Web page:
Exceptions to this progression are due chiefly to topography, business remaining on a level if possible and climbing hills only under great pressure. A further exception to the normal would be where two or more good residence districts are located on opposite sides of the. main business section so as to balance each other, as in Fort Wayne and Knoxville.
Probably the most important movement within a city as it grows is the gathering together of those carrying on the same kind of business into special districts. This tendency was common in Rome and Constantinople thousands of years ago, and is in harmony with the law of evolution, that increasing differentiation is accompanied by increased integration. Retail stores cluster together at convenient points for their customers and not because they do business with each other. The chief attracting power of such a retail section seems to be the insurance to customers against failure to find within the section what they seek. Undoubtedly the selection within this special district is normally better than that in all the rest of the city combined, and shoppers are saved the time, trouble and uncertainty of seeking through scattered shops. While one shop may attract a customer and another make the sale, such an interchange of customers is probably in the long run closely balanced. The personal factor, or the business ability of managers to advertise and develop a business, is most influential in causing gradations of values in adjacent business locations. A successful shop continually enlarges the area from which it draws custom and diverts special currents of travel towards it. This attracts the notice of other shops in the same line of business, who, reasoning either that the location has helped their successful rival or that by moving near them they can secure some of their customers, move close to the successful store. Formerly it was held that the further a retail store was removed from a competitor the better, but this has been found to hold true only of those small stores which depend for business on the immediate neighborhood.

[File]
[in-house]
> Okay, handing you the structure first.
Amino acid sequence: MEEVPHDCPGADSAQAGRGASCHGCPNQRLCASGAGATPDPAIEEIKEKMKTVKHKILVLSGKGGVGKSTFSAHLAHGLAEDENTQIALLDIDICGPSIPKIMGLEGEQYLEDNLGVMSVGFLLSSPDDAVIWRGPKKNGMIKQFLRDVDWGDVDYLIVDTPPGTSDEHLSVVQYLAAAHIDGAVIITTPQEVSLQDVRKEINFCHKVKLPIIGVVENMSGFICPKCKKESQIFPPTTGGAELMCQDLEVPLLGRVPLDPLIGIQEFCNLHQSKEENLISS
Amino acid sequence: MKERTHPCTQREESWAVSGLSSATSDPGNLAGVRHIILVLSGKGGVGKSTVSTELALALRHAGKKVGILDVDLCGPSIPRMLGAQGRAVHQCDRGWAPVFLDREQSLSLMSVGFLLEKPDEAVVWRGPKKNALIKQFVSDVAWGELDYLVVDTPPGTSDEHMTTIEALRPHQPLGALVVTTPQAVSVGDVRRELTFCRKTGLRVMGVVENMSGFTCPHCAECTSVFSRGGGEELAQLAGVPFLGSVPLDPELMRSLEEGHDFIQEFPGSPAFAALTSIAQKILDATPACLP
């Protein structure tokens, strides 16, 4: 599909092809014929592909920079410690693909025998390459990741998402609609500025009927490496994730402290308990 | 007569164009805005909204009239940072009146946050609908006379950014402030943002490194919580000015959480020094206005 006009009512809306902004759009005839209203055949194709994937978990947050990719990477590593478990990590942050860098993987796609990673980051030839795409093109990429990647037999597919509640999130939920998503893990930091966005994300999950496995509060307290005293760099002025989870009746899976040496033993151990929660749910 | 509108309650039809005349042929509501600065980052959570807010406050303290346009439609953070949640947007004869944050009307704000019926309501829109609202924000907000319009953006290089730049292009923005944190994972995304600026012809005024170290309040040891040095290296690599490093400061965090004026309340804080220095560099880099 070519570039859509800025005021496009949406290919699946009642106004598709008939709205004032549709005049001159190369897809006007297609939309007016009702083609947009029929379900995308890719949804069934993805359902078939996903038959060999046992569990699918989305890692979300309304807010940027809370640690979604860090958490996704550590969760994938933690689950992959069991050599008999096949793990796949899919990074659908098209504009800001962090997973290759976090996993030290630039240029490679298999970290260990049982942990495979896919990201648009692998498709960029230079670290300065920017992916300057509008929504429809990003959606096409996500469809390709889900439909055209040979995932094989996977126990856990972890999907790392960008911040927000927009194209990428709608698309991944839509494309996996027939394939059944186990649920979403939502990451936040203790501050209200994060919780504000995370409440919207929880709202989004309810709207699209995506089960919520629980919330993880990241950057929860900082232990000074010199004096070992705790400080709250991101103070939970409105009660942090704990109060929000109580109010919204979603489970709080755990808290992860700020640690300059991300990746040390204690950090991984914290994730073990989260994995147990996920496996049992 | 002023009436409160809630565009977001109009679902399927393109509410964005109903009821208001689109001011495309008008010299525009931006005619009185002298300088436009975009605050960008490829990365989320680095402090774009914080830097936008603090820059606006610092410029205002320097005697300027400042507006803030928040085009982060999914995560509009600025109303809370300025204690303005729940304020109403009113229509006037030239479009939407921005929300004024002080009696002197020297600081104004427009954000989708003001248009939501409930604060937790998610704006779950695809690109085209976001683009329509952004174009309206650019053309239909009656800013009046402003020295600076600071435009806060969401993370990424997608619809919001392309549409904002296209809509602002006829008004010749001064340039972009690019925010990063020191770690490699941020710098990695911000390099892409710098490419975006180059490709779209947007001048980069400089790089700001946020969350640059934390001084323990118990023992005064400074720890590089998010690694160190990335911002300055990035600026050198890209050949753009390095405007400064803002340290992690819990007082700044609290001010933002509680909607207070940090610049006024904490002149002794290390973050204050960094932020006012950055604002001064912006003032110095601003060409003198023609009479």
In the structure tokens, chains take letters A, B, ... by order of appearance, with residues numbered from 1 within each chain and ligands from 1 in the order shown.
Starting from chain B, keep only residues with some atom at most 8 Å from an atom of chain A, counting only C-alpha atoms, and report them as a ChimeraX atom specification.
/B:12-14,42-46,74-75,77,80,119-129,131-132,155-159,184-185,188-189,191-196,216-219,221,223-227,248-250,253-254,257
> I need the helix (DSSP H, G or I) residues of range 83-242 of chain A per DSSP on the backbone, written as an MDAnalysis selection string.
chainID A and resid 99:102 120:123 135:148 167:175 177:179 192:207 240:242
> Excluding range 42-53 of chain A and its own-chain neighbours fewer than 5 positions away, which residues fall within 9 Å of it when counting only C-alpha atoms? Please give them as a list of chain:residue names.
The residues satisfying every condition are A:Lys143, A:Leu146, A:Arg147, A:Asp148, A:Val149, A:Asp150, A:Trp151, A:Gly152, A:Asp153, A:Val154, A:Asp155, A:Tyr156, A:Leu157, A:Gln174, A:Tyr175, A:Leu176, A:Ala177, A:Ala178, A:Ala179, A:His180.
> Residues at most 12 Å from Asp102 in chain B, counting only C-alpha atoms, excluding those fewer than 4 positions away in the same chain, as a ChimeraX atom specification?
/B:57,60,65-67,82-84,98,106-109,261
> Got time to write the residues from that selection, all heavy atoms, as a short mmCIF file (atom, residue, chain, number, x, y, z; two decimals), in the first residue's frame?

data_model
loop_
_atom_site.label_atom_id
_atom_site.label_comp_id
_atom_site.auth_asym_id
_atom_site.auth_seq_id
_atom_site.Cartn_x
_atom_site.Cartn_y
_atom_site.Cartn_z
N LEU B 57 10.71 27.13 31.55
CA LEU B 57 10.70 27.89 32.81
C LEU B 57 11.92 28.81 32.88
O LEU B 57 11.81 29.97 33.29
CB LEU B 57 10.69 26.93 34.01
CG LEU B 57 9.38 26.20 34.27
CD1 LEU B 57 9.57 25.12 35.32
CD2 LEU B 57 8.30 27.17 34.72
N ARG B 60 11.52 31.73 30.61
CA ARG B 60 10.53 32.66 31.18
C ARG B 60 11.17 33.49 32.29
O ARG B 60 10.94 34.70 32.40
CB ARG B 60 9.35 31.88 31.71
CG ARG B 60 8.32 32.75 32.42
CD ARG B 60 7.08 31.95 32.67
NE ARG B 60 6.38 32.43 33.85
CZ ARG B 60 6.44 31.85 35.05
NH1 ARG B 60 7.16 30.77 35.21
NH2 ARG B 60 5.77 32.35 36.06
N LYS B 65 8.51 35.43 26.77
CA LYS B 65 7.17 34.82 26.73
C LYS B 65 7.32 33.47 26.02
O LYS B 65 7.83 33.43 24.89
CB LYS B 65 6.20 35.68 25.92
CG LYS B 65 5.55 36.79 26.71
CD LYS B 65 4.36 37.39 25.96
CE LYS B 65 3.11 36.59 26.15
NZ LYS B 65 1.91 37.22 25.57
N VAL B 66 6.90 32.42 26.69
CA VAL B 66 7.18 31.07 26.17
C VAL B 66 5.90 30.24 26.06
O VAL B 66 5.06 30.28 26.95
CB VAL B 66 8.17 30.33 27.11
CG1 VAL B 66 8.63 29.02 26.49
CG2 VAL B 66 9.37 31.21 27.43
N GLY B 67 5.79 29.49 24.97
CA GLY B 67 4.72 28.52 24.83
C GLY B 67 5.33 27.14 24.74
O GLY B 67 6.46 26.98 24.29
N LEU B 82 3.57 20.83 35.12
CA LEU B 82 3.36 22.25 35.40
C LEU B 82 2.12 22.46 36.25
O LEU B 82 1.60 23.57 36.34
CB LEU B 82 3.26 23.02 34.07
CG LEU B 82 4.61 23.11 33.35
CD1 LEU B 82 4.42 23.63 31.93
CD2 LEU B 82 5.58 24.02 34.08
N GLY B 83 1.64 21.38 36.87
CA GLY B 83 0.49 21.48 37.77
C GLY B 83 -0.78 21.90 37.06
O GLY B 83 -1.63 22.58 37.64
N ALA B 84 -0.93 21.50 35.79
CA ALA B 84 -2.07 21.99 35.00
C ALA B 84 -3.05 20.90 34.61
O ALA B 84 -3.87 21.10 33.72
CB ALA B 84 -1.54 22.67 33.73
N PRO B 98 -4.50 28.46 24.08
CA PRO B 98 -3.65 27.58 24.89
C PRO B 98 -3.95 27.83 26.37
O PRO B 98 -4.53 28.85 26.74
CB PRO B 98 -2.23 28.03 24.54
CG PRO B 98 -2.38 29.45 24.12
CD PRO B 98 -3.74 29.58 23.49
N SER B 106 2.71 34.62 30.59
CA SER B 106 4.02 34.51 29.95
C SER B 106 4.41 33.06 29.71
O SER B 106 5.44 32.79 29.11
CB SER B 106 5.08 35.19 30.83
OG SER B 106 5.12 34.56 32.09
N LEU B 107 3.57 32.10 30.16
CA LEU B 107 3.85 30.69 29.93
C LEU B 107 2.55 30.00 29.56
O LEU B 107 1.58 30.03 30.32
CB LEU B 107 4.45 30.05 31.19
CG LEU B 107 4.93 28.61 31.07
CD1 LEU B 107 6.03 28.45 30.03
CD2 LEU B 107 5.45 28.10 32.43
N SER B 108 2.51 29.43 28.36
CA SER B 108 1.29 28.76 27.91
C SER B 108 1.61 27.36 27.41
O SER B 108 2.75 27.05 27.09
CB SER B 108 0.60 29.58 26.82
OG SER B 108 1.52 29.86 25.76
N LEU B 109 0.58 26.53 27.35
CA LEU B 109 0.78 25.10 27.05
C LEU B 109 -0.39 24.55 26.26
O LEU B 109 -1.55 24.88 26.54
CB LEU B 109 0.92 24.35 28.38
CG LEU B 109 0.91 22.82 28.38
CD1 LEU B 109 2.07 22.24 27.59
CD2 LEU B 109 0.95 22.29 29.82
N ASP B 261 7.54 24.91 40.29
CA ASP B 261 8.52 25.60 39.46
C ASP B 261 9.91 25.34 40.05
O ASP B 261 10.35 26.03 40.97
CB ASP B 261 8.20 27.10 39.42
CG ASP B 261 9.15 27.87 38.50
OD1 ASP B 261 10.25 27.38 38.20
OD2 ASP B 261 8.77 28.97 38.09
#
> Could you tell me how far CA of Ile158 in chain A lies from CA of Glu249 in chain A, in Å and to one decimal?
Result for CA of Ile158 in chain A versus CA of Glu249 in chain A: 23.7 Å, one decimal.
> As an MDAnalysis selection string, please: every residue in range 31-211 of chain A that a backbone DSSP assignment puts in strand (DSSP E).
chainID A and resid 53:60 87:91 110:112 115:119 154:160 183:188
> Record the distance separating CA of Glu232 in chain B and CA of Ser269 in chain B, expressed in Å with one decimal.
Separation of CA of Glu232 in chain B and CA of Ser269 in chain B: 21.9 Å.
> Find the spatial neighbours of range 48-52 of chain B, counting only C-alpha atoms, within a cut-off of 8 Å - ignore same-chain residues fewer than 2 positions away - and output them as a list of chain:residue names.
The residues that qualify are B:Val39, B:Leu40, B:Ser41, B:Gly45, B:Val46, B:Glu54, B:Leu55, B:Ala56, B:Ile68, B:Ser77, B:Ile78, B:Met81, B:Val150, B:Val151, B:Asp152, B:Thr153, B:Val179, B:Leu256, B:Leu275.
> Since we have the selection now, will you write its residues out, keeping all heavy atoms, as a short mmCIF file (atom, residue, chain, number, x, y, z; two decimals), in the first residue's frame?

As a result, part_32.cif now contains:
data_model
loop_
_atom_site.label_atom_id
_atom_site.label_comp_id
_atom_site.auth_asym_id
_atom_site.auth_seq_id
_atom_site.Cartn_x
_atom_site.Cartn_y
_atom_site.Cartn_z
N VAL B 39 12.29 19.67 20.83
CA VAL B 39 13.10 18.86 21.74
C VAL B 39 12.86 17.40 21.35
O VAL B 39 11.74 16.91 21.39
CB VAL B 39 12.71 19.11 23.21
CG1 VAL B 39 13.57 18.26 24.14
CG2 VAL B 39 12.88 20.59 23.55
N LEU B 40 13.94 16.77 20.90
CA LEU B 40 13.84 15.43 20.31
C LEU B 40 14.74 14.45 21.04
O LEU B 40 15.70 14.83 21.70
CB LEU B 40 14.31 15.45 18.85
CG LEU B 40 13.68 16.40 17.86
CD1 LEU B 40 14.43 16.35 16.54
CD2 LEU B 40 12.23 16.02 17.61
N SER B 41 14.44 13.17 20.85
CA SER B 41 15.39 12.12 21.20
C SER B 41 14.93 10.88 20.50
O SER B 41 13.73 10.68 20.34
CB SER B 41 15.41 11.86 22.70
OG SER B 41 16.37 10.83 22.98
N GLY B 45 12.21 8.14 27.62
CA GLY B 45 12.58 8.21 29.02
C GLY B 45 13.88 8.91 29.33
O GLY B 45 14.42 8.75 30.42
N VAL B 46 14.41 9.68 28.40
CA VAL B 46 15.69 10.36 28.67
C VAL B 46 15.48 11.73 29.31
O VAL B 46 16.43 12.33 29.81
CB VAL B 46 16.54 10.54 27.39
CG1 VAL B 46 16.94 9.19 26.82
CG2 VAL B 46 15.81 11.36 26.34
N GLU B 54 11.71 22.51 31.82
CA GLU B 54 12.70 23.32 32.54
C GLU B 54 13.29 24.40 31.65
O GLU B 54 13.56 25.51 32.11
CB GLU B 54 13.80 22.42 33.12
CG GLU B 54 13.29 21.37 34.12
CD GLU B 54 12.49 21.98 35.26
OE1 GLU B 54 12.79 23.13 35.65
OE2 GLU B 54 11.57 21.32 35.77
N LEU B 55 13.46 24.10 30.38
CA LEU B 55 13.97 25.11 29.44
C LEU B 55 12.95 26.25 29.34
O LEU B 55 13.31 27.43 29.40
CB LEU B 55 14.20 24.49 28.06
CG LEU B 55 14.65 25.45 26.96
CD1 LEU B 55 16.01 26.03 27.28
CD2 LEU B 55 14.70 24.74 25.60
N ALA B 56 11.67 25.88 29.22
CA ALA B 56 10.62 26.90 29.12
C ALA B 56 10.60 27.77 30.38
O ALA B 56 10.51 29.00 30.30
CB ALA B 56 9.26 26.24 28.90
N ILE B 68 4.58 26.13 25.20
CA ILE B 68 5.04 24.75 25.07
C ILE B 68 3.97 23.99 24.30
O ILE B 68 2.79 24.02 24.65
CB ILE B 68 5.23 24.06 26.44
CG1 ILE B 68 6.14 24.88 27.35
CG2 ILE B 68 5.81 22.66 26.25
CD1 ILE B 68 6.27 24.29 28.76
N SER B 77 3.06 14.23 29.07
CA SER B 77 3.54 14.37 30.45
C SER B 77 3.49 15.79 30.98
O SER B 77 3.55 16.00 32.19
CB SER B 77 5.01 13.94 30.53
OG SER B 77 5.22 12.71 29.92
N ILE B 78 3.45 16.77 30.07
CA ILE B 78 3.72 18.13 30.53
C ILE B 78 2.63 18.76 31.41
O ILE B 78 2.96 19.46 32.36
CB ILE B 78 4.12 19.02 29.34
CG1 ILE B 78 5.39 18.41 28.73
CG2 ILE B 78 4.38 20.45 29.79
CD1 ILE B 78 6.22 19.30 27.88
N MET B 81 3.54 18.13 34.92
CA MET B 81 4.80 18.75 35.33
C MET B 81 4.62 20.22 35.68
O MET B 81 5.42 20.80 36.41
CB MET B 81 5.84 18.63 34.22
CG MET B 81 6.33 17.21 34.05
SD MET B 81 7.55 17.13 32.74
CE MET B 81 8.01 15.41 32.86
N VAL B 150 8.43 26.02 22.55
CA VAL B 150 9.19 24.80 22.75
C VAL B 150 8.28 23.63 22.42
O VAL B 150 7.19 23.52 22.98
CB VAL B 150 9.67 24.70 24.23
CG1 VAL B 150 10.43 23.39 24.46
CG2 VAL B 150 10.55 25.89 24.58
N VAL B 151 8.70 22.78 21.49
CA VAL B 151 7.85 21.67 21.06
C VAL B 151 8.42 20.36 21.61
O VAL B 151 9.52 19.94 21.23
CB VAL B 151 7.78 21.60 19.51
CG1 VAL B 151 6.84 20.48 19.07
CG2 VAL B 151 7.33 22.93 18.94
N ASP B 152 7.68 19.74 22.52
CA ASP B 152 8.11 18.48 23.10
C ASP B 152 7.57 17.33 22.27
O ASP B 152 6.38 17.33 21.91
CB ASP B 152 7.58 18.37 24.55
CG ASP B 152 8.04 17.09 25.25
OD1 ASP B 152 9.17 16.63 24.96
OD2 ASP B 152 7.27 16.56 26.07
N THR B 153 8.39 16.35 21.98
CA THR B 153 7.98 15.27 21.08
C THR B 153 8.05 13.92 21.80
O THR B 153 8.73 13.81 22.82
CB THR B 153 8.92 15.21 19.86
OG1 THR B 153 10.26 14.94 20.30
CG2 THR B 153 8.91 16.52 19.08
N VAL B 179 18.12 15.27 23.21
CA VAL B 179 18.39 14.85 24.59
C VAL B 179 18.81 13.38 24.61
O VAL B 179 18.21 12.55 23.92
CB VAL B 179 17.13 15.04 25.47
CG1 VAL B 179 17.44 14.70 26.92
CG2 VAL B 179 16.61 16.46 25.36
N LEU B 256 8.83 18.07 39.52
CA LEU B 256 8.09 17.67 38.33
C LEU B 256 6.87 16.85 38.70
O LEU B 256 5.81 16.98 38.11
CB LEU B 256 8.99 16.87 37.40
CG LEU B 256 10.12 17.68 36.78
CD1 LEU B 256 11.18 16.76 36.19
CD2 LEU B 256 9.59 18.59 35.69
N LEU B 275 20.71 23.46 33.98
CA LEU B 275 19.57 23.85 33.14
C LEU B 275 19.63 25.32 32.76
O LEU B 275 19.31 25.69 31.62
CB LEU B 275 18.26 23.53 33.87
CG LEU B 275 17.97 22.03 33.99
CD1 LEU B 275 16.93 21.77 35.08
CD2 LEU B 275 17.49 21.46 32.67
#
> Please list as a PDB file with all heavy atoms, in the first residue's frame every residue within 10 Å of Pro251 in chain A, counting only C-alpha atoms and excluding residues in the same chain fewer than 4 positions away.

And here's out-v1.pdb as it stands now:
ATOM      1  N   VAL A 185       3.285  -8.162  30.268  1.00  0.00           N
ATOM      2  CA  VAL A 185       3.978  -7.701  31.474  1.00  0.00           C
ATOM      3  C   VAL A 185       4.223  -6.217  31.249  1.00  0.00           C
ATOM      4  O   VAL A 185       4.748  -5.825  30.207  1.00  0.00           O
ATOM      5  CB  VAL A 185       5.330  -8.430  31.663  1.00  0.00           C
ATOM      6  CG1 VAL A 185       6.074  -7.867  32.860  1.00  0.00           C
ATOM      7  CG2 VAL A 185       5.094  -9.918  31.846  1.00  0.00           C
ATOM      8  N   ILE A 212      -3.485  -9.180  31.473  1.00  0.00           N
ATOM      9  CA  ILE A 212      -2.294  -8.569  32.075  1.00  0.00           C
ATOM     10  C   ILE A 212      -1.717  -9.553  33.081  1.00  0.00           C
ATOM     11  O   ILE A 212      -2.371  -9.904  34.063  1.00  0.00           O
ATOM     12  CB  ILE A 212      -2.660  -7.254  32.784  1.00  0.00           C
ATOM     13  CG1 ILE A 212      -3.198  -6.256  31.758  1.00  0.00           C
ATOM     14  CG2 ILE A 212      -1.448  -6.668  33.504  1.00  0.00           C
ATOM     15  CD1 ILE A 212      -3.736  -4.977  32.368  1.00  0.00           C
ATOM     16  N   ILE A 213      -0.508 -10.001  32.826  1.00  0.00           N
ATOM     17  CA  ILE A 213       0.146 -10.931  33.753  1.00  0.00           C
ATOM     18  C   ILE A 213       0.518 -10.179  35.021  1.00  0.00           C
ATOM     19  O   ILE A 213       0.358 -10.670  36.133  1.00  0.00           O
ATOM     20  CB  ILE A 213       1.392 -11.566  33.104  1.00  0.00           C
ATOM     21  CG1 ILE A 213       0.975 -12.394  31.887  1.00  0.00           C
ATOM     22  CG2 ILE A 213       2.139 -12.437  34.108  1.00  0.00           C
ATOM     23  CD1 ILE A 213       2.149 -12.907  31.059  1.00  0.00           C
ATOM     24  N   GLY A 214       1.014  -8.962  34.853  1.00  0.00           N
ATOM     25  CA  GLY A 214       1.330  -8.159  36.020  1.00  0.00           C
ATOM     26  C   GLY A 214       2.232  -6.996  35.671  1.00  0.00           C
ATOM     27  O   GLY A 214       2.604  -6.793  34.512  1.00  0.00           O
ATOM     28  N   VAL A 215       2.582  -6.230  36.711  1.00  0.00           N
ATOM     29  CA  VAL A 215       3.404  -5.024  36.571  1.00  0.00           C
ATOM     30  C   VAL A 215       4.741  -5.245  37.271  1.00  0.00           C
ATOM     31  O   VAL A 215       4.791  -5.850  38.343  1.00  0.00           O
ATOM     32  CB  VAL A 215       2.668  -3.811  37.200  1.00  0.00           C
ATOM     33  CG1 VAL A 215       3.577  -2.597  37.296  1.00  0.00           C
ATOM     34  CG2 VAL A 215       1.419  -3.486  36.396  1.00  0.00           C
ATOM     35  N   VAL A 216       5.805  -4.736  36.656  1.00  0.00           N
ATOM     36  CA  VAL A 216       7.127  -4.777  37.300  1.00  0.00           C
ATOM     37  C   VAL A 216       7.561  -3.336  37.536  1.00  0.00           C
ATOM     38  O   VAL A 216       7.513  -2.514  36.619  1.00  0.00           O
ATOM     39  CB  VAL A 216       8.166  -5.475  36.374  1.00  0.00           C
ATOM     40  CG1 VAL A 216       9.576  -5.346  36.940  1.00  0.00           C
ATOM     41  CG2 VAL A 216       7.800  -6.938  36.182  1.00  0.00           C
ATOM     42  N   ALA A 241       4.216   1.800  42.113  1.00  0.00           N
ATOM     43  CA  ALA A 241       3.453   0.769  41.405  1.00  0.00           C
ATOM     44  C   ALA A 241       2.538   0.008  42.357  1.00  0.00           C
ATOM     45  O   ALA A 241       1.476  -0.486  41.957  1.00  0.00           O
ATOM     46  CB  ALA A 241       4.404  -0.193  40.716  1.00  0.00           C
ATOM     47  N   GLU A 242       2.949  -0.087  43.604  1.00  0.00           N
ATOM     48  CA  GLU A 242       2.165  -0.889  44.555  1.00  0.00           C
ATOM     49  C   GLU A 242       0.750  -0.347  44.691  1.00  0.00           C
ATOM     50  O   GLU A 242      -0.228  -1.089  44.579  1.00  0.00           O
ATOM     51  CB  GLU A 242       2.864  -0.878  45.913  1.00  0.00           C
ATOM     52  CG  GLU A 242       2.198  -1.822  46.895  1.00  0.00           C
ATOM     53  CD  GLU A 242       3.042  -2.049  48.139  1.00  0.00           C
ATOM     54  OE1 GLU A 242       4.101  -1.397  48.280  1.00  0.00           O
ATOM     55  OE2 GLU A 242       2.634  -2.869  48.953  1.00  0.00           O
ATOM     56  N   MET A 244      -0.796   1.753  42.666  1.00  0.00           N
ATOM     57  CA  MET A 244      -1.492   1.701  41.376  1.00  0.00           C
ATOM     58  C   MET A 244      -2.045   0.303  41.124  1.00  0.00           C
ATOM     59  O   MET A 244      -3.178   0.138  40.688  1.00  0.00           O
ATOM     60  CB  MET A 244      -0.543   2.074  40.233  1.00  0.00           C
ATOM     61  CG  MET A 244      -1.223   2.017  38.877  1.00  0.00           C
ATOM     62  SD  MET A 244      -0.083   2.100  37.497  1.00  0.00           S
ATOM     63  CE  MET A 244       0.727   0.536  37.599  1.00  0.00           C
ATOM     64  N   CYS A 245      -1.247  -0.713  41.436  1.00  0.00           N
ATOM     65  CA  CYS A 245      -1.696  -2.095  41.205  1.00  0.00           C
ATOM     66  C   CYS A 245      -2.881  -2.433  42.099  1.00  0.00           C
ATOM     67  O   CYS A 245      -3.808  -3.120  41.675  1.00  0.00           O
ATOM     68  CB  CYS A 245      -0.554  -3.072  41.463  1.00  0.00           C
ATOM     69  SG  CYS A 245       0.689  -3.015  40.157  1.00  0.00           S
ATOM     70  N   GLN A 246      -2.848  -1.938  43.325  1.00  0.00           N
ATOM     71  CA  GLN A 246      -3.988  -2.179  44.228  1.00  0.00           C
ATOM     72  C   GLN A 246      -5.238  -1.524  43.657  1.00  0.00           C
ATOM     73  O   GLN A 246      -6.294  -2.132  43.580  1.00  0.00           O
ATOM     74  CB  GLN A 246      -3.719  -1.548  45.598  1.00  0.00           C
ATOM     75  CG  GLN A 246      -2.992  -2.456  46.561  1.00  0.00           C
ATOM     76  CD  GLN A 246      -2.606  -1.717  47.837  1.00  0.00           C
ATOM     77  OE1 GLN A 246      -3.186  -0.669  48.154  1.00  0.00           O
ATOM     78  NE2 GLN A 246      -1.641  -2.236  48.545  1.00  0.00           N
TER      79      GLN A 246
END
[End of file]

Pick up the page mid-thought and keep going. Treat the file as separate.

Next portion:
Example of absence of influence of public building. Post office in Chattanooga, erected twelve years ago, away from business center, has attracted no business.
Perry Street, Montgomery, Ala. A curious example of the most fashionable residence street ending abruptly in a meadow, only-three blocks from fine houses. Of course axial strength is not necessary for residence streets.
In many forms of business the clustering together of those transacting it finally crystalizes into an Exchange, which forms the centre of the district. Since the Exchanges are the result and not the cause of the special districts in which they are located, we must look back of them to find the causes for the location of various utilities. For example, the. leather district in fact that thirty or forty years ago Hanover Square was the centre of the dry-goods trade.
New York, was located in Beekman Swamp, on account of the wet ground suitable for tanning pits, and similarly in Philadelphia, the leather district was located on both sides of Dock Creek. There were banks on Wall Street long before the Stock Exchange was established, the location of the. banks and of the United States Sub-Treasury and Assay Office attracting the Stock Exchange, which in turn drew further Banks, Trust Companies and Brokers. The location of the Cotton Exchange apart from the dry-goods district would seem strange except for the